Greek Life proposal aims to revamp alcohol policy
The proposal would bar freshmen from living in fraternity houses.
Dec. 10, 2010
A proposal to revamp Greek Life's Dry 2000 alcohol policy by barring freshmen from living in fraternity houses will be presented to university administration during winter break, Missouri Students Association President Tim Noce said.
The proposal, drafted by members of an alcohol workgroup formed from the Npower report on Greek Life, will be presented to chapter presidents at the presidents' retreat.
Instituted 10 years ago, the Dry 2000 policy sought to enforce an alcohol-free Greek Life community among chapters in the Interfraternity Council. However, execution and compliance with the policy have since become issues within fraternities, Noce said.
“The current policy has been in place for five to ten years and it’s still not being followed,” Interfraternity Council President Mike Zeiter said. “We need to come up with a policy that actually can be followed, otherwise there’s no point in even having a policy to begin with.”
Concerning enforcement, reports of alcohol policy violations go to the Greek Judicial Board. The board runs under the Office of Student Conduct and makes recommendations as to what disciplinary actions should be taken, Noce said. Previously, the Greek Judicial Board was advised by the Office of Greek Life as opposed to the Office of Student Conduct.
“The Office of Greek Life brought forth charges (for alcohol violations) and advised the judicial board,” Noce said. “This caused a conflict of interests and we are hoping recent changes on the advisement of the judicial board will help the enforcement of the alcohol policy.”
Aside from enforcement, another main issue addressed in the proposal is underaged drinking.
“The majority of students living in the fraternity houses are under 21 years of age,” Noce said. “If a lot more fraternity members were 21 or older, the allowance of alcohol would be more realistic.”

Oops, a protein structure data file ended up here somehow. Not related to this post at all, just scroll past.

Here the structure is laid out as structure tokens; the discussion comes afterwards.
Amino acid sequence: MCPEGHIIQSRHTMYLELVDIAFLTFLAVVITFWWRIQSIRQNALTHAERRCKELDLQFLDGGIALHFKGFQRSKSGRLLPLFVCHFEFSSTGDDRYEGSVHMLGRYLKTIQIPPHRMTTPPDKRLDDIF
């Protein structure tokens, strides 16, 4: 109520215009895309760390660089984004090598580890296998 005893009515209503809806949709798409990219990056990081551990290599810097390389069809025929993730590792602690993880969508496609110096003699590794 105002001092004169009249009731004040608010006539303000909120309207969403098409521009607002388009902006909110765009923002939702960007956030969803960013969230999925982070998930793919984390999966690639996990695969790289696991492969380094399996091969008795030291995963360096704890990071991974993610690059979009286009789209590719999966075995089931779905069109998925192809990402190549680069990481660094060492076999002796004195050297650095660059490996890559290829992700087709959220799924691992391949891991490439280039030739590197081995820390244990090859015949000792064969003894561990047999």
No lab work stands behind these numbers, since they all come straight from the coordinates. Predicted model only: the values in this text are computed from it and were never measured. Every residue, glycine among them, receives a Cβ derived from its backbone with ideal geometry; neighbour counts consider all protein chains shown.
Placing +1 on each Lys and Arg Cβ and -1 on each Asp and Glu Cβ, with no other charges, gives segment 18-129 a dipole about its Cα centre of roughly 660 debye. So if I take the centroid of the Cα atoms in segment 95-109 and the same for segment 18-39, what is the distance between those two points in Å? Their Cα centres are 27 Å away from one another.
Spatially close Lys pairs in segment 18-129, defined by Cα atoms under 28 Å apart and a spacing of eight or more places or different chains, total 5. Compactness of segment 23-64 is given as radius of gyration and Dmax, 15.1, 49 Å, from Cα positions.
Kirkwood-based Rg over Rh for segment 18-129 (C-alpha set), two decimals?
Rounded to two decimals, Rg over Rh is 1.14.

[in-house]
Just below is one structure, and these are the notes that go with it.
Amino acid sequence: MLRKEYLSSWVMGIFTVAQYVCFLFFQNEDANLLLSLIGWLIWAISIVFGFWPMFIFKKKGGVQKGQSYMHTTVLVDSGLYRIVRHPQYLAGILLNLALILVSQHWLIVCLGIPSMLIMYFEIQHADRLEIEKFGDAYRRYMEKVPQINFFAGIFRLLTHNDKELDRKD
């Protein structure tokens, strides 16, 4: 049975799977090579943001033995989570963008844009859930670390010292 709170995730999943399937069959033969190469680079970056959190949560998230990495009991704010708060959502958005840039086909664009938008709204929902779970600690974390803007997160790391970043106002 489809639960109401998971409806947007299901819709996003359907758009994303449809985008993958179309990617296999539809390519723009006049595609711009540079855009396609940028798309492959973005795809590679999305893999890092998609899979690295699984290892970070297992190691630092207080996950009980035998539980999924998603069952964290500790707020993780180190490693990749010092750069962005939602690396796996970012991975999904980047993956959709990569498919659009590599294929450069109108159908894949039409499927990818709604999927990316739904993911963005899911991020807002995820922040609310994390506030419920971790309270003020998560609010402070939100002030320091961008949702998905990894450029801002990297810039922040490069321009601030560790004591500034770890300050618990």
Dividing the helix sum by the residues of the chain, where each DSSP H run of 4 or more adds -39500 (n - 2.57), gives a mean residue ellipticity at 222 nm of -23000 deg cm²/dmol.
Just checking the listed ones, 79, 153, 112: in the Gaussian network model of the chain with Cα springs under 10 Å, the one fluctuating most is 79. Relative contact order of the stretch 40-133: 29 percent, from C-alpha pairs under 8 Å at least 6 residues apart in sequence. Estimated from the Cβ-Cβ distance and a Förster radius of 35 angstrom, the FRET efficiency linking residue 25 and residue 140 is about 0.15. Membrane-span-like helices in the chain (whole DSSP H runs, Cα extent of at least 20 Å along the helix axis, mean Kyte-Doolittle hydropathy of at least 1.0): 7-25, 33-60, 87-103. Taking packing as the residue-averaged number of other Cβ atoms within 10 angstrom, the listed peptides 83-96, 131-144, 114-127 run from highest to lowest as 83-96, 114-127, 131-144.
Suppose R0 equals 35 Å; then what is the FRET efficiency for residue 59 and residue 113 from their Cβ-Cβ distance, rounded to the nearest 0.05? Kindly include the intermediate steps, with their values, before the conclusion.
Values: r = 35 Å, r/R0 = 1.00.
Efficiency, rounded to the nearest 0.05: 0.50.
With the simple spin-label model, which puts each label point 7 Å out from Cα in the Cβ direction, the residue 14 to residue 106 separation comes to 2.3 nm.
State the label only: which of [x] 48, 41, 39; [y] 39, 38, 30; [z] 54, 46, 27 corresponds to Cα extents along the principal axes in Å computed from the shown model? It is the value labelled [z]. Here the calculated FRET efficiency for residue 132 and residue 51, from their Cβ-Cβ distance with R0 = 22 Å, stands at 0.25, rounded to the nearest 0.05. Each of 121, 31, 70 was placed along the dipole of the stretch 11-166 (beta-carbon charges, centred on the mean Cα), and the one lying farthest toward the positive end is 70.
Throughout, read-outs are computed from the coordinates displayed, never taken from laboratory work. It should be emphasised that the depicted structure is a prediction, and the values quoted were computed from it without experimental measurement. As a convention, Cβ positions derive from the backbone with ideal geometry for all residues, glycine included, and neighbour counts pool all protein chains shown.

Noce said issues concerning the current policy are in part due to its unrealistic nature.
“Alcohol is a part of college culture,” Noce said. “Everyone knows college students consume alcohol, even the underaged students. And that might sound like crazy talk to some people. However it is an issue and it’s the elephant in the room no one wanted to talk about.”
The proposal will outline ways to curb the problem of under-aged drinking by suggesting freshmen fraternity members live in residence halls their first year as opposed to the fraternity house, Noce said.
“Having freshmen in the fraternities is something that’s unique to our campus,” Zeiter said. “Currently, the freshmen are thrown into the frats and it’s a reality shock. Living in the dorms would not only help them adjust, but they would build a sense of Mizzou pride instead of just frat pride.”
Alcohol-related hazing was discussed as a result of conversations regarding under aged drinking, Noce said.
“I’ve seen hazing happen firsthand and I know forcing members to drink comes into play,” Noce said. “Hazing and younger members are related in some aspect, and it would get better if younger members gained more experience before living in the houses.”
Noce said the adjustments would have no real long-term negative effects on the MU fraternities.
“There’s not a whole lot of downfall other than short-term monetary effects,” Noce said. “Fraternity members try to have a full house for monetary reasons and rely on the freshmen, which could potentially pose a problem.”
Zieter said despite changes that need to be made to the alcohol policy, discussions concerning improvements are a step in the right direction, but that it will be a long process.
“We need to address these issues honestly and keep up a clean image and an honest image,” Noce said. “Everyone has flaws, even the Greeks at Mizzou. The goal right now is honest discussion.”